To be clear, this is not about speed or about rushing through prayer. While Jesus did recommend brevity (Matthew 6:7), it’s of course good if you can spend more than ten minutes in prayer. We’re talking about the basics and about foundational habits. Saint John Paul II said, “Become a saint, and do so quickly,” but he didn’t mean that we ought to hurry when we pray. Rather, he meant for us to sense the great love God has for us and respond accordingly.

I’m mindful too of this quote from St. Alphonsus Maria de Liguori, “He who prays most receives most.” Give God your 10 minutes and let Him do the rest. Over time, these moments will expand and then spill over into the other minutes in your day.


Liked This Article?

Join my email list and you’ll receive this free PDF worksheet on daily prayer.



A Resolution Worth Keeping
Copy of Copy of Copy of Copy of EVANG.png

I can’t imagine a year starting without a sense of hope. Hope for better fitness, hope for a simpler lifestyle, hope for new breakthroughs at work.


Psychology Today reports that many people start off the year with great optimism but, sadly, find it fading away just a few weeks later.


It’s not as if the resolutions themselves are bad. Who wouldn’t want to have 6-pack abs or more financial margin?


Rather, it’s that we often lack the structure needed to truly activate a new habit. In the case of prayer, it’s really about three things:

Visualization: the most important question I ask people when we talk about prayer is this, “If you could take 5 minutes to pray, what would that look like?” There is great power in imagining yourself alone, in a corner with a Bible in your lap. Or, alone, in a Church with your eyes closed and no one around. You get the picture. The key is to have a picture for yourself. This is like putting your handprint into cement- it leaves a mark.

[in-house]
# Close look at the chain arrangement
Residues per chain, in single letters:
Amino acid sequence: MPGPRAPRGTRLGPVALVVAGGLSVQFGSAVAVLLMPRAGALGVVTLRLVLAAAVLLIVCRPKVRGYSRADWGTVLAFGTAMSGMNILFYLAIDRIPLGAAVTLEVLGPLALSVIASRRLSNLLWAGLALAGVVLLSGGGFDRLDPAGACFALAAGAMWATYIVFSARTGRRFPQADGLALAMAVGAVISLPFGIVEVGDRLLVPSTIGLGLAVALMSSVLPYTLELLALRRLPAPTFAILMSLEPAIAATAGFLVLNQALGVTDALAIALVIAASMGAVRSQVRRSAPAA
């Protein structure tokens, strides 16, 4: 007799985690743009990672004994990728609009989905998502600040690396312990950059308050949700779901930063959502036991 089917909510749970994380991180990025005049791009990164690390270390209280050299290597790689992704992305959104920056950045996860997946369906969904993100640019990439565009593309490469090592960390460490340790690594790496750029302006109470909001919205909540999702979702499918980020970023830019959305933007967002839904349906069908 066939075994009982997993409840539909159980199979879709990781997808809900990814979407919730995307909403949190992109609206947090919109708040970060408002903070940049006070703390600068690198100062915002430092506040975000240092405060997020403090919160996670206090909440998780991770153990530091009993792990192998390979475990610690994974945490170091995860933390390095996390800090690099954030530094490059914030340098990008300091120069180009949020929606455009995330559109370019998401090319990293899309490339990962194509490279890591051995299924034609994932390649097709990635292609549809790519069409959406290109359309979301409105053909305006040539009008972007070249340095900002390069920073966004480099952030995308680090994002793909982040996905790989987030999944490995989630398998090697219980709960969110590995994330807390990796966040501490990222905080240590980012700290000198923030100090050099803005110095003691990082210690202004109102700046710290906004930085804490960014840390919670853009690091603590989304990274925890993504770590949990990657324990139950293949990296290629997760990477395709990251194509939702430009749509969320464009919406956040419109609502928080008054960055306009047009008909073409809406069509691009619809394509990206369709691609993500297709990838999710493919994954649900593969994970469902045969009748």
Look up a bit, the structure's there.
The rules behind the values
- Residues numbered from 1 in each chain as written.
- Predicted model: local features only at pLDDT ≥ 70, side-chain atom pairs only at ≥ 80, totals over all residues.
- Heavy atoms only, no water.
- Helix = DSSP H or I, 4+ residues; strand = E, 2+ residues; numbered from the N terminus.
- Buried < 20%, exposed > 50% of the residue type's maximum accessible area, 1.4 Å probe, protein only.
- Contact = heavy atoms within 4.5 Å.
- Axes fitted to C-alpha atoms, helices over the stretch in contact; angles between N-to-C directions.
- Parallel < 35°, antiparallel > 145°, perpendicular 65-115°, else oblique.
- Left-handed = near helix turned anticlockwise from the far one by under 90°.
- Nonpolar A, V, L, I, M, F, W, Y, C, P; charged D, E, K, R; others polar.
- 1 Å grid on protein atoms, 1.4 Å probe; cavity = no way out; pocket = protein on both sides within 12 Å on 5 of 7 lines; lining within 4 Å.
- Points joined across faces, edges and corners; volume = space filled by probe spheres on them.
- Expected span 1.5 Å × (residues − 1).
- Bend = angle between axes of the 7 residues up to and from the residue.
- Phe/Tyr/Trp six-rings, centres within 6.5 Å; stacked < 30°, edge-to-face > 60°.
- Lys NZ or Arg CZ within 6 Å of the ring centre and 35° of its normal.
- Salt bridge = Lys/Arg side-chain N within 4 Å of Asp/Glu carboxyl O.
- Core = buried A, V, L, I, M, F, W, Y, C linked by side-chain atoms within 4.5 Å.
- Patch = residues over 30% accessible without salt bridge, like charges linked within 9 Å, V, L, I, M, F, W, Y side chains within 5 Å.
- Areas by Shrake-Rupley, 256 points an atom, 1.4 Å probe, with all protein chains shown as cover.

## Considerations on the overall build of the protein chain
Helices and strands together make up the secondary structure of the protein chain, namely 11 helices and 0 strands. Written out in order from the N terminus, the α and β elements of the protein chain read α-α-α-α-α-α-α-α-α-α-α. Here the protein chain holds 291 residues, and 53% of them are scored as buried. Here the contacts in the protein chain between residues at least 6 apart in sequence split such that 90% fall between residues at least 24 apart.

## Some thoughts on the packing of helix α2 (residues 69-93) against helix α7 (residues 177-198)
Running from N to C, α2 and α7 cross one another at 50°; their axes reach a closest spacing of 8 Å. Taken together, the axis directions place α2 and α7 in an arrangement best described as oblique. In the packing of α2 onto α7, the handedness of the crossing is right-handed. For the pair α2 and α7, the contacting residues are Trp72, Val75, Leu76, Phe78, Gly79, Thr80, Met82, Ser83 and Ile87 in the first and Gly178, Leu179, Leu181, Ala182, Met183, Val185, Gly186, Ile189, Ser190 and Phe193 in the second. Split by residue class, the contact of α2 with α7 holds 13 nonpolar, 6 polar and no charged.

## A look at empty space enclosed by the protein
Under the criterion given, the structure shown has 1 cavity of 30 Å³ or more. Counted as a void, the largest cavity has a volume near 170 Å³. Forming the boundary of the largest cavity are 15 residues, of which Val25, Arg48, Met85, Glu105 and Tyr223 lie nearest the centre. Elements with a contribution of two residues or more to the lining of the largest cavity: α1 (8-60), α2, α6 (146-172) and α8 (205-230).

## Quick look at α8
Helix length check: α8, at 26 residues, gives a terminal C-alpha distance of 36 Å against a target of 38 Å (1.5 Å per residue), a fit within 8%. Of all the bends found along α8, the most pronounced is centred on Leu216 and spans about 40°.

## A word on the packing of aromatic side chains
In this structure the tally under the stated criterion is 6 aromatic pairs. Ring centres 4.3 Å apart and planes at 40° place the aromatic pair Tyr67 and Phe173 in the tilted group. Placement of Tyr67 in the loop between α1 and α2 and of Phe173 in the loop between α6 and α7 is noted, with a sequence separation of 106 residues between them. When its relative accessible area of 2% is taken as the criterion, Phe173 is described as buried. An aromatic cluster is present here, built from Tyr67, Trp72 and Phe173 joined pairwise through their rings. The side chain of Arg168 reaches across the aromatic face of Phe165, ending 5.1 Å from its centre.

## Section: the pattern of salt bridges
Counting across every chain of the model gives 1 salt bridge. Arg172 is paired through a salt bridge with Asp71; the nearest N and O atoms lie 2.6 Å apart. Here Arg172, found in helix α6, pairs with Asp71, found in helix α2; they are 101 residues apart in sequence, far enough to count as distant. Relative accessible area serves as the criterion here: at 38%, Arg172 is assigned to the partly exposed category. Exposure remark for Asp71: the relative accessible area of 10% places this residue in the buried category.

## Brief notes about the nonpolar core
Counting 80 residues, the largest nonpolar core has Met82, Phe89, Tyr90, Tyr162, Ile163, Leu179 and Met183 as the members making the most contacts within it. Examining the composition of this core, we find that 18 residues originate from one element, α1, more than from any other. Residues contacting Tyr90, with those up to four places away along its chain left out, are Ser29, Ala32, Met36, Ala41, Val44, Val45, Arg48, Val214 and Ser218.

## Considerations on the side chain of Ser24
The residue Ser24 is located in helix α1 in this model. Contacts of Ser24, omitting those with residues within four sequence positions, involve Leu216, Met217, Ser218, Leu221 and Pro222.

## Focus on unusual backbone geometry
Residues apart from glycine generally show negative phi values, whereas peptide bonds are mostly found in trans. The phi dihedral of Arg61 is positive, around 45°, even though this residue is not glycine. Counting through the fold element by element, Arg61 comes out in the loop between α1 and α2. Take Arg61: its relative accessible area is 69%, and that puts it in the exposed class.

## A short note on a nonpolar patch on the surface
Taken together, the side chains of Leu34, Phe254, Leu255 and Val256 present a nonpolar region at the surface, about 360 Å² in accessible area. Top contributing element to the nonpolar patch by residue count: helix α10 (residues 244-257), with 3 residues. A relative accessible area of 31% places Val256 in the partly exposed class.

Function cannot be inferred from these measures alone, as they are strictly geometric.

Rituals: more than just routines, rituals are repeated actions with God in mind. A morning prayer ritual is different from a morning routine like brushing your teeth. A morning prayer ritual might include a phrase, a quote, a reading, a journal, etc. The ritual forms a mindset of “something bigger is happening here”. The ritual, as Fr. Ronald Rolheiser says, “carries you” when you don’t feel like praying.

Momentum: with a prayer time visualized and then rituals being put into place, God will build spiritual momentum in you. This momentum is vital for God’s insights to show up, God’s messages to be heard and God’s nudgings to be felt. It’s often after the fact that you see that God had been at work. Momentum makes this possible.


Can you imagine a daily prayer time in your new year? For me, the routines are in place and my foundation is steady. Now, it’s time for me to ask God what He wants to do next.


Maybe it’s time for you to do the same.

 

Liked This Article?

Join my email list and you’ll receive this free PDF worksheet on daily prayer.

How to Create a More Resilient Prayer Life
Copy of EVANG.png

Romans 12:12 says, “Be joyful in hope, patient in affliction, faithful in prayer.”

This quote is more relevant than most of us realize. As we grow in our relationship with God, it is only natural that we experience of daily prayer that has fits and starts. Being faithful in our prayer lives is critical.

It can often feel like “one step forward and two steps back”. One day, we enjoy our daily quiet time and the next feels like we’re drowning. As Fr. Ronald Rolheiser says, “Sometimes we walk on water and other times, we sink like a stone.” Can you relate?

In my book, The Five Habits of Prayerful People (coming in 2019), I talk a lot about the importance of staying with prayer. You’ve got to keep at it and try your best to avoid discouragement. Others call this resilience and in academic circles, it’s known as grit.

Gritty prayer warriors have three qualities:

  • They take the long view. They realize that, in any given week, they will have good moments of prayer and ones that feel rather ordinary.

  • They do not dwell in their sin. They recognize when they’ve messed up, name it, own it and ask for forgiveness. Then, they remember that God loves them and has already died for their sins. This brings an overwhelming sense of newness and of starting over. The emphasis is on God and not our sins.